Mercurial OpenJDK Questions

Just some misc Q&A on Mercurial and the decisions made in transitioning OpenJDK to it. Hopefully this makes sense to people.

The OpenJDK repositories are at

Why Mercurial? See the analysis done by the Solaris team for details as to why Mercurial. From what I have read and seen, the two choices for a fast good DSCM (Distributed SCM) was Mercurial or Git (both seem like excellent systems). Using the same SCM as Solaris made a great deal of sense. So far, the remote people in places (where the internet connections are slow) love Mercurial. After an initial clone is created, the push/pull actions are very fast, since only the actual changes or diffs are effectively going down the wire (so to speak). Clones onto local disk and multiple clones on the same disk are very very fast and efficient on Solaris and Linux, and Mercurial works on Windows too. The ability to pull changes via http and push changes via ssh is a major advantage too. And of course, it's "open source". ;\^)
Why no imported history from TeamWare or the posted OpenJDK SubVersion repositories? Legally we had constraints on what history we could even try to provide. Technically, importing history from one SCM to another is not as easy as it sounds. The ideal history is the history of the changesets actually created by the developers, and creating any other kind of history (per snapshot or per promotion) seemed problematic to me. If the end result was that the old history details were left in the old SCM data, and that was guaranteed to be accurate history data, then it seemed right to leave it there and not confuse the issue. I'm sure there are people that would disagree with me on this. TeamWare doesn't have a changeset model, but a loose group of files putback model that is not very complete to create changesets like Mercurial wants. History conversion from something like CVS, SubVersion, or a more changeset-like SCM would be another story.
Why a forest and not one big repository? Unlike Solaris, we already had broken up the JDK sources into separate workspaces e.g. hotspot and j2se originally, later we split j2se into jdk, langtools, corba, jaxp, and jaxws. Each of these separate repositories represent piles of sources managed by separate teams or delivered independently from the enclosing jdk product. Having them available as independently buildable repositories was considered a major advantage, and more importantly, some of the developer teams really wanted to keep themselves separate. It's that 'software silo' concept where developers don't want anything changing on them except what's in their immediate area. ;\^) From a Release Engineering point of view, or someone that has to build the whole thing, this forest of repositories is a royal pain, a single repository would have been preferred. But the Mercurial forest extension seemed to provide an answer, so we went with the forest. Could the forest extension and Mercurial itself handle these nested repositories better, I'm sure it could, and will over time. I would not recommend creating separate repositories lightly, they need to be independently buildable and relatively dependence free from the other repositories.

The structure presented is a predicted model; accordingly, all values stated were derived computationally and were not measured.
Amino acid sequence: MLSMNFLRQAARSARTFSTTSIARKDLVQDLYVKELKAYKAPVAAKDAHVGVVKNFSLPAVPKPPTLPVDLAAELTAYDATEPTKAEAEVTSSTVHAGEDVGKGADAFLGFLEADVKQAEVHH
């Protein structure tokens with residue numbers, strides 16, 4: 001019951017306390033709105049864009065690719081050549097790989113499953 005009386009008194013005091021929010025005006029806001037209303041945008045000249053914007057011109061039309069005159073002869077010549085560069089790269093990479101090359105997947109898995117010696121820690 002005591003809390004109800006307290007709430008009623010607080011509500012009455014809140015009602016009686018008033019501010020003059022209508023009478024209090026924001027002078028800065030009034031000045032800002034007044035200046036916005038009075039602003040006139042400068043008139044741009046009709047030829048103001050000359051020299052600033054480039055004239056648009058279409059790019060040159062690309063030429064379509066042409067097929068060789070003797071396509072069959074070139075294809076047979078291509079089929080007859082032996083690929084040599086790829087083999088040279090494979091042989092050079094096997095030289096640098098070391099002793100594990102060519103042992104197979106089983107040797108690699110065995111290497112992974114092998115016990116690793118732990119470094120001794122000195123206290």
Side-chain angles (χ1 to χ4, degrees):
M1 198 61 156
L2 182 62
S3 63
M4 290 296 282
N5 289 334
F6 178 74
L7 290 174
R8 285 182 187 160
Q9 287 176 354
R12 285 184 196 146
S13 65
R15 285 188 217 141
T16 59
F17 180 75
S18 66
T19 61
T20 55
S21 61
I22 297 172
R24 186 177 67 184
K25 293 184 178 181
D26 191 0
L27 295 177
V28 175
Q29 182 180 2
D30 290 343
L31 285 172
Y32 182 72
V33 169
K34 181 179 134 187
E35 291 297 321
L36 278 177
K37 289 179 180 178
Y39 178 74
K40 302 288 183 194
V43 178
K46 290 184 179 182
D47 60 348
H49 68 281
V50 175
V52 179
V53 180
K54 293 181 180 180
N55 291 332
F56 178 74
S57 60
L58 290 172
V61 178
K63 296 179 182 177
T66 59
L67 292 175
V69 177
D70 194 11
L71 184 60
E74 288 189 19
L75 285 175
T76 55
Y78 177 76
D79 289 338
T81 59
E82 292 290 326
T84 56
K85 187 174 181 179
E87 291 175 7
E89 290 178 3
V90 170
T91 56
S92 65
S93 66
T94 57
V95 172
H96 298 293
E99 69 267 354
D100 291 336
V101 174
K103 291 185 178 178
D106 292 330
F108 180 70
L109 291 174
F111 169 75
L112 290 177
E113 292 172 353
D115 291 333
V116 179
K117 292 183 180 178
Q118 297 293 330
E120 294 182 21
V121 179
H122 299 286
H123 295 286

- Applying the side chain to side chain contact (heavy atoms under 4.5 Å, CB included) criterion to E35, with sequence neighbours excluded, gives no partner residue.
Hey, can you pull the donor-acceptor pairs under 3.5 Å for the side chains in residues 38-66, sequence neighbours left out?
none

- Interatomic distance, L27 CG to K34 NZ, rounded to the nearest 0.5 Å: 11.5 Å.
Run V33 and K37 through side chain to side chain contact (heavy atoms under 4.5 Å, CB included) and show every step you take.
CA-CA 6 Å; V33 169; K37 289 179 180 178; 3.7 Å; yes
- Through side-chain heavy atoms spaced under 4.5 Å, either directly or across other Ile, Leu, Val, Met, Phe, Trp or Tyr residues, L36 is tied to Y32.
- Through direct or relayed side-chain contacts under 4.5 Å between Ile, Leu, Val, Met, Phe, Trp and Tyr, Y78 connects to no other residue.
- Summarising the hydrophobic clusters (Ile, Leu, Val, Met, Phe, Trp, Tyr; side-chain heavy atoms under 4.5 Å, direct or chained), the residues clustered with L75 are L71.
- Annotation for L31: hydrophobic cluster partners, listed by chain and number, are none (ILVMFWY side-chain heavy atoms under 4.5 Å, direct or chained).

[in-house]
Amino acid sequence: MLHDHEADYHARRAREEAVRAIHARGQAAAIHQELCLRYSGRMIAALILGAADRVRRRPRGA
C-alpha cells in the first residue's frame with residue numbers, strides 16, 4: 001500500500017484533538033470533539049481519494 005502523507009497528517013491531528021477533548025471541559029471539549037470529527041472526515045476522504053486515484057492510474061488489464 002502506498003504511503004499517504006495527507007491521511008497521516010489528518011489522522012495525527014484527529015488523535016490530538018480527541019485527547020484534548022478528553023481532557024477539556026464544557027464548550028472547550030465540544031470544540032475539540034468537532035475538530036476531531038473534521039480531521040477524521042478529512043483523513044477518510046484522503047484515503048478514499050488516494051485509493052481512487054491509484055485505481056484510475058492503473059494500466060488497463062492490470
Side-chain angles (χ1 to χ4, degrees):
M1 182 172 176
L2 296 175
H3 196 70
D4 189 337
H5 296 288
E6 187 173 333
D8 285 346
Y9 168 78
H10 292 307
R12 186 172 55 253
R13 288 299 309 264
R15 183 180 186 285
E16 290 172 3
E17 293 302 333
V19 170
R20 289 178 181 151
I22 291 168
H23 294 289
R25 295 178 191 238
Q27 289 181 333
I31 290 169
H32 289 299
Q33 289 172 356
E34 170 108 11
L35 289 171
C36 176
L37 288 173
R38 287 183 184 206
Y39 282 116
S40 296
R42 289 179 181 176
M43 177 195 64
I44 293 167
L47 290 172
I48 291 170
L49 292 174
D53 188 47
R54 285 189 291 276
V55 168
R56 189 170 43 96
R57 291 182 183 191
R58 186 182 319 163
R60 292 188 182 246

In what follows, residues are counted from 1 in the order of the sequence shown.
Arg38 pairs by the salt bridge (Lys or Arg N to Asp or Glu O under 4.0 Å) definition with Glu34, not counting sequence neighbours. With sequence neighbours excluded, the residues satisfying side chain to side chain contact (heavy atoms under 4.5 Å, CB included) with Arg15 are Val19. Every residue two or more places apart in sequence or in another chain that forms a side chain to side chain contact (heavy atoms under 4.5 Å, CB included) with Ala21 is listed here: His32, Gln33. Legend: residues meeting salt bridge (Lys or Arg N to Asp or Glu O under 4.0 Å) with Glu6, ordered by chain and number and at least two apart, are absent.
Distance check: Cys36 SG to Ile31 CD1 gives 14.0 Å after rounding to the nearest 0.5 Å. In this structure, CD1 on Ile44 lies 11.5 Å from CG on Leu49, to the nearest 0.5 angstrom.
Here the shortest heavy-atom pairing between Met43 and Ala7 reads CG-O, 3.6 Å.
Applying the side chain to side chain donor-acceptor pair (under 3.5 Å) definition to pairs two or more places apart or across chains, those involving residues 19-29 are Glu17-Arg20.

Why the dual repository setup (gates)? When someone does a push to a Mercurial repository, and before the hooks are run that might rollback those changesets, there is a window of time where someone pulling from that repository could get these rolled back changesets. In addition, we have seen situations where people have managed to 'push -f' multiple heads (forgot to merge) to a shared repository, creating very confused co-workers and potentially a chain of silly merge changesets. So we only have people push to a gate (you cannot pull from a gate), where the changesets are checked and verified, and a simple push happens to the matching pull gate. Nobody can ever pull multiple heads, and nobody gets changesets that failed validation. So having the dual setup will allow us to better protect the integrity of the repository.
Why so many different sets of repositories? By having each team keep their changes isolated until they integrate into a master area, they will be more likely to find their own mistakes and regressions before everyone else. Testing is focused on the areas that have changed and can validate the entire team's contribution to the product. In addition, builds of these various team areas (if archived) can be used to isolate regressions, quickly narrowing it down to the team, and then the changesets can be used to isolate it down to the individual author, hopefully being able to quickly isolate and correct the regression.
Why not subsets of repositories for the teams? Good question. Initially we thought we could make the team areas sparse sets, but the complete jdk is a forest or set of repositories, and a subset doesn't provide the teams with a complete set of jdk sources. So to make our (the initial Mercurial Transition engineers) lives easier each team got a complete set. Having a complete set of repositories provides the teams the possibility of building a complete jdk with a known quantity. This situation may change as we gain more experience with Mercurial and forests.

I'll add more to this as time goes on, assuming people find it useful. Add your questions to the comments, I'll try and answer them.



Post a Comment:
Comments are closed for this entry.

Various blogs on JDK development procedures, including building, build infrastructure, testing, and source maintenance.


« July 2016